Sunday, March 30, 2008

London: it's not the rain, it's the showers

This is my last night here in London, in fact the last night of my vacation...5 weeks - it's been great and I will elaborate on some personal thoughts in another blog once I return. But now - London. First, second, and last, the weather here sucks. I knew it was going to be bad when the local weather lady said "today we'll have some rain in London and showers in the afternoon". Rain and then showers? Great. At least my rain coat that's been idle in my backpack will get some use. I arrived Wednesday night and promptly made it to a pub for a pint of Guiness and a delicious meal of chicken and least the food here is good - especially after trying to find a good meal in Thailand. Thursday morning I hopped on the metro, err Tube, to head to tourist central - Westminster. Since I was heading in during a work day, I quickly discovered that everyone here is a former model - everyone was decked out. So after getting off at Westminster I began to wander around. I walked around for about two hours when I realized that I am never going to see the entire city by foot, so I found an internet cafe, searched for a bike rental store and within 45 minutes I was biking around. I biked around and through Hyde Park, Kensington, Chelsea, Fulham, and finally back home to Hammersmith on the west end.

Later that night I met up with my friend Valerie for dinner near Whitechapel (Val and I met last year - she was doing some research at U Maryland and rented a room from Crick). The food was amazing - indian curry dishes that were just so rich. Afterwards we went to a seedier part of town, just north of Whitechapel...this is where the real fashion took off. Basically, the fashion works like this: find something so crazy, so old, so loud, and so weird and wear them all at the same time...and the funny part is that in their effort to create a uniquie identity everyone ends up looking the same. More on this later with the Hoxton wardrobe.

Friday I biked all around London, from the west end where the hostel is located all the way to London Bridge and the Tower of London, about 8 km one way. Biking is the way to travel around London...the Tube is everywhere, but then your stuck walking. Taxis are crazy pricey, and if you rent your own car, you have to pay a congestion tax to drive into the city. So about mid-day the rain began...and this is when I began to curse the weather. Luckily, the Tate Modern was nearby so I poked my head in to see art from Jackson Pollack, Roy Lichtenstein, Andy Warhol, and Mark Rothko (who's art is growing on me and come to think of so is Pollack's).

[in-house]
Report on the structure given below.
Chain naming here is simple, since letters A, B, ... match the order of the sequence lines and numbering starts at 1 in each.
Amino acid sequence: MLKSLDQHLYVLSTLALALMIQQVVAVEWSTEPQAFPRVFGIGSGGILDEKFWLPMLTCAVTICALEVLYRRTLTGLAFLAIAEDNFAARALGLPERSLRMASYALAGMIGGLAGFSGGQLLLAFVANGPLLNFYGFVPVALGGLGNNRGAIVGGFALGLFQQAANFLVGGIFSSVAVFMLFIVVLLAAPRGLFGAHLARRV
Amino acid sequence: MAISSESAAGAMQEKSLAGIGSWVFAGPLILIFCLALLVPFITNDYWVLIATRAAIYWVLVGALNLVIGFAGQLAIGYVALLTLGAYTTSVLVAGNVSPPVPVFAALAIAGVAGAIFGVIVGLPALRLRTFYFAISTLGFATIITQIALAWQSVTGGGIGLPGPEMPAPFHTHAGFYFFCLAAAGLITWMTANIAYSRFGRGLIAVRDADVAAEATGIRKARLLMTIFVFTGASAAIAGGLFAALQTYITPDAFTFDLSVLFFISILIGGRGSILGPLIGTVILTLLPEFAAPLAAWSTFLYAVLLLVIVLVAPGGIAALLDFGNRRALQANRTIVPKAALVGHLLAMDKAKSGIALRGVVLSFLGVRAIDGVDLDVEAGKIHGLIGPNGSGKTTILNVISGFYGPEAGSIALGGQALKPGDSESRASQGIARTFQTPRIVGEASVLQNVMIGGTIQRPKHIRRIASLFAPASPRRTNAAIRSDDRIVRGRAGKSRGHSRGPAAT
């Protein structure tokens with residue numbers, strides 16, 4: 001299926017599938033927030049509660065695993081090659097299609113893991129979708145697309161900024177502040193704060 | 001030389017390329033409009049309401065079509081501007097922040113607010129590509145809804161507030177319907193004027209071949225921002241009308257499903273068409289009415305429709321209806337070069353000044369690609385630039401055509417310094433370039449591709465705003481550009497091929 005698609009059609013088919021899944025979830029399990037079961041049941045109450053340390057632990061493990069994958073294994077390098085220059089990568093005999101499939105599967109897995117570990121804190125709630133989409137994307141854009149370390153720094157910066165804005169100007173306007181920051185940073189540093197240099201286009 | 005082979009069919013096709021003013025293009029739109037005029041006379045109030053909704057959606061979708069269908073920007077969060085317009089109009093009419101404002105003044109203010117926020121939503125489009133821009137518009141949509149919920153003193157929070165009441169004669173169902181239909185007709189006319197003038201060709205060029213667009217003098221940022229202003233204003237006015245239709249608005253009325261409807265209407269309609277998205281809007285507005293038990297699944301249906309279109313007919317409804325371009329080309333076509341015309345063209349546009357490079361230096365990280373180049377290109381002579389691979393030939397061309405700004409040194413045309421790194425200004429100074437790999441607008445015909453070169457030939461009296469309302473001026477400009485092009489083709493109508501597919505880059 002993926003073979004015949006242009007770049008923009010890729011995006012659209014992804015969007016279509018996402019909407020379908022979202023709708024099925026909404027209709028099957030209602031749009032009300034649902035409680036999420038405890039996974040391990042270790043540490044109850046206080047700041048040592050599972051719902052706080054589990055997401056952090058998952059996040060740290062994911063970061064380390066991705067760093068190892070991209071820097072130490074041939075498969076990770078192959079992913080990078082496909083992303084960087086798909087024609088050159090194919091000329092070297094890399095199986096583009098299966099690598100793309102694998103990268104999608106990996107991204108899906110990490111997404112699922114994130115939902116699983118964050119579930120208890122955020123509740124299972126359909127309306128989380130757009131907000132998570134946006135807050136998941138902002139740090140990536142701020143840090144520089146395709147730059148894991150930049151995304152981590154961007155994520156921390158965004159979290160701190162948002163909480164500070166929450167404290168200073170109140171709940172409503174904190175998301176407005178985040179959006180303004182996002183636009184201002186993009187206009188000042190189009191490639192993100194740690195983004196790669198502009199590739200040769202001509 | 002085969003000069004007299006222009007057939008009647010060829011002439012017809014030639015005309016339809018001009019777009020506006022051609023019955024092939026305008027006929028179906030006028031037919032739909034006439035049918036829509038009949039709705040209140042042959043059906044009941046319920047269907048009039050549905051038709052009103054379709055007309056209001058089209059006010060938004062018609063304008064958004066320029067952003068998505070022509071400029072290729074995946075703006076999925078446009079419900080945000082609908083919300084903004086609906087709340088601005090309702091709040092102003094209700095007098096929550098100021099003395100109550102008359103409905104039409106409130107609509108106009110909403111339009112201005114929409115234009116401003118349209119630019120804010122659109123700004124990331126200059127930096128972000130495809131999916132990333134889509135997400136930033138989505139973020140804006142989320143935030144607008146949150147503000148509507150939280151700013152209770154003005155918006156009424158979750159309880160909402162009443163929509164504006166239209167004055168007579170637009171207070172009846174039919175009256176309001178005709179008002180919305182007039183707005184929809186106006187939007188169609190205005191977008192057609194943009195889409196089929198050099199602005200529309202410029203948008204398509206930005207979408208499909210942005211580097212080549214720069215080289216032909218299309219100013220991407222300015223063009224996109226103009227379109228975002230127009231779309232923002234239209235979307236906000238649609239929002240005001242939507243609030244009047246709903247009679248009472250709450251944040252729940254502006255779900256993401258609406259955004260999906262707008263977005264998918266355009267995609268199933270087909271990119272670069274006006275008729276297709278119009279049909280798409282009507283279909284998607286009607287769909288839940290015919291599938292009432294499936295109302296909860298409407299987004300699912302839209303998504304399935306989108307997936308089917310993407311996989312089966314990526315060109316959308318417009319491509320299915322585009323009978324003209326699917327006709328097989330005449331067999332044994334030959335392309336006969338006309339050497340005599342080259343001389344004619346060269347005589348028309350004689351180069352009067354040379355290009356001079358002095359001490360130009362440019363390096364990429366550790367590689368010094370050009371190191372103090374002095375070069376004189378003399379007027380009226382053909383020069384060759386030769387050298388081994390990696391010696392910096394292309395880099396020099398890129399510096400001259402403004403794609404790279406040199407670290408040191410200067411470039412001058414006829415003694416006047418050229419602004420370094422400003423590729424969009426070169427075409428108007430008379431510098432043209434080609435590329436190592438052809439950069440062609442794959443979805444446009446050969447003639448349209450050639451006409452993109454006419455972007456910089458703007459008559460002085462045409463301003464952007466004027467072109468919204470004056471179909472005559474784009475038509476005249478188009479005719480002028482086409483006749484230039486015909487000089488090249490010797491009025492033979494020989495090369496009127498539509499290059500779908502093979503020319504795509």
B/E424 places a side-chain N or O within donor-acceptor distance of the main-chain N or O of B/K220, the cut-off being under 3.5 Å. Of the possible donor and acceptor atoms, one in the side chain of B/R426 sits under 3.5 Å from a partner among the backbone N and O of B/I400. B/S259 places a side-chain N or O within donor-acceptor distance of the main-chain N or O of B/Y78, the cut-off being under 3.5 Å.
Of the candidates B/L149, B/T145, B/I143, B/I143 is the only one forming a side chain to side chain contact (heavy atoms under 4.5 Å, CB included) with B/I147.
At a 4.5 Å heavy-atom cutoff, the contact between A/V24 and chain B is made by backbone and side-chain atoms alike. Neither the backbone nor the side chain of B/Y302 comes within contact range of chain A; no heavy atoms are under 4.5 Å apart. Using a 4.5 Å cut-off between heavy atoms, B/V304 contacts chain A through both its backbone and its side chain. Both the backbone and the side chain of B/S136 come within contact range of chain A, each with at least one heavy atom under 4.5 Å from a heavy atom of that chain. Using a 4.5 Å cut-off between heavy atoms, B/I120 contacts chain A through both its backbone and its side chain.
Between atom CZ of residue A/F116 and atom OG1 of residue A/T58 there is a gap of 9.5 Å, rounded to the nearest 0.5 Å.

Eventually I made it home and then out to Hoxton to hang out with Keith. Keith is living the dream here in London - working from home, lives near a park (for pick-up football). We (me, Keith, and his roommate Tony and his gf who's name escapes me) made our way to the local pub. Now this is where fashion took a wrong turn. As a guy here's what you have to where in Hoxton: skin tight pants that are especially tight at the calves, white shoes, a button up shirt and a cardigan. Plus the hair has to be going sticking out in every direction. And the girls where black tights, a cotton dress with a belt around the waist and hair cut with the bangs cut just above the eyebrows...all too cool. This thing is - I am the strange one here: "hey look at the American wearing baggy jeans and a striped shirt"...yup, I'm the dork.

So we all tied one on (got drunk to you yanks), partying until a wee bit past 4. Thankfully, we got some exercise the following morning at the local park, playing some footy for a few hours - and, yes, it rained sideways for about 20 minutes. The rest of the day was spent playing xbox where I proceeded to shoot Chinese army people for a few hours (actually, they got me more than I got them.

OK, time for bed...I will wrap this story up once I get home and in the comfort of my living room. Thanks for reading!

Thursday, March 27, 2008

Trouble in Paradise

It was one of those days that had the highest of the highs and the lowest of the lows. Sunday was spent rock climbing as I described before - the combination of the challenges, the scenery, meeting new friends made the day amazing...but then once we got home (a 2 hour car ride, mind you) it all came crashing down. Leo, Rod, and I got to the house around 10:30 p.m. and we knew something was wrong once we got to the house. The gate was open and all the lights to the house were turned off. Then once we got to the back patio, we noticed that the sliding glass door was open and the front door was open. And there were plates of food everywhere. Mun, the housekeeper, was supposed to watch over the house while we were away. However, as we put all the pieces together, it appeared that she looted my stuff while we were away. Once we turned the lights on I knew I was in trouble. My backpack was open and my jacket was hanging out. Before I left I put wrapped my valuables inside my jacket and placed it inside the backpack. I opened the pack and discovered that my wallet (containing several hundred US dollars), phone, and watch had all been stolen. I was so pissed...we had put our trust in someone and she stole from us. We found out that it was indeed her...Leo did the job of calling around, starting with Mun. She didn't answer either of her phones. And Leo found the girl who had been helping Mun on Friday and found out that Mun wanted to steal the scooters that we had rented too.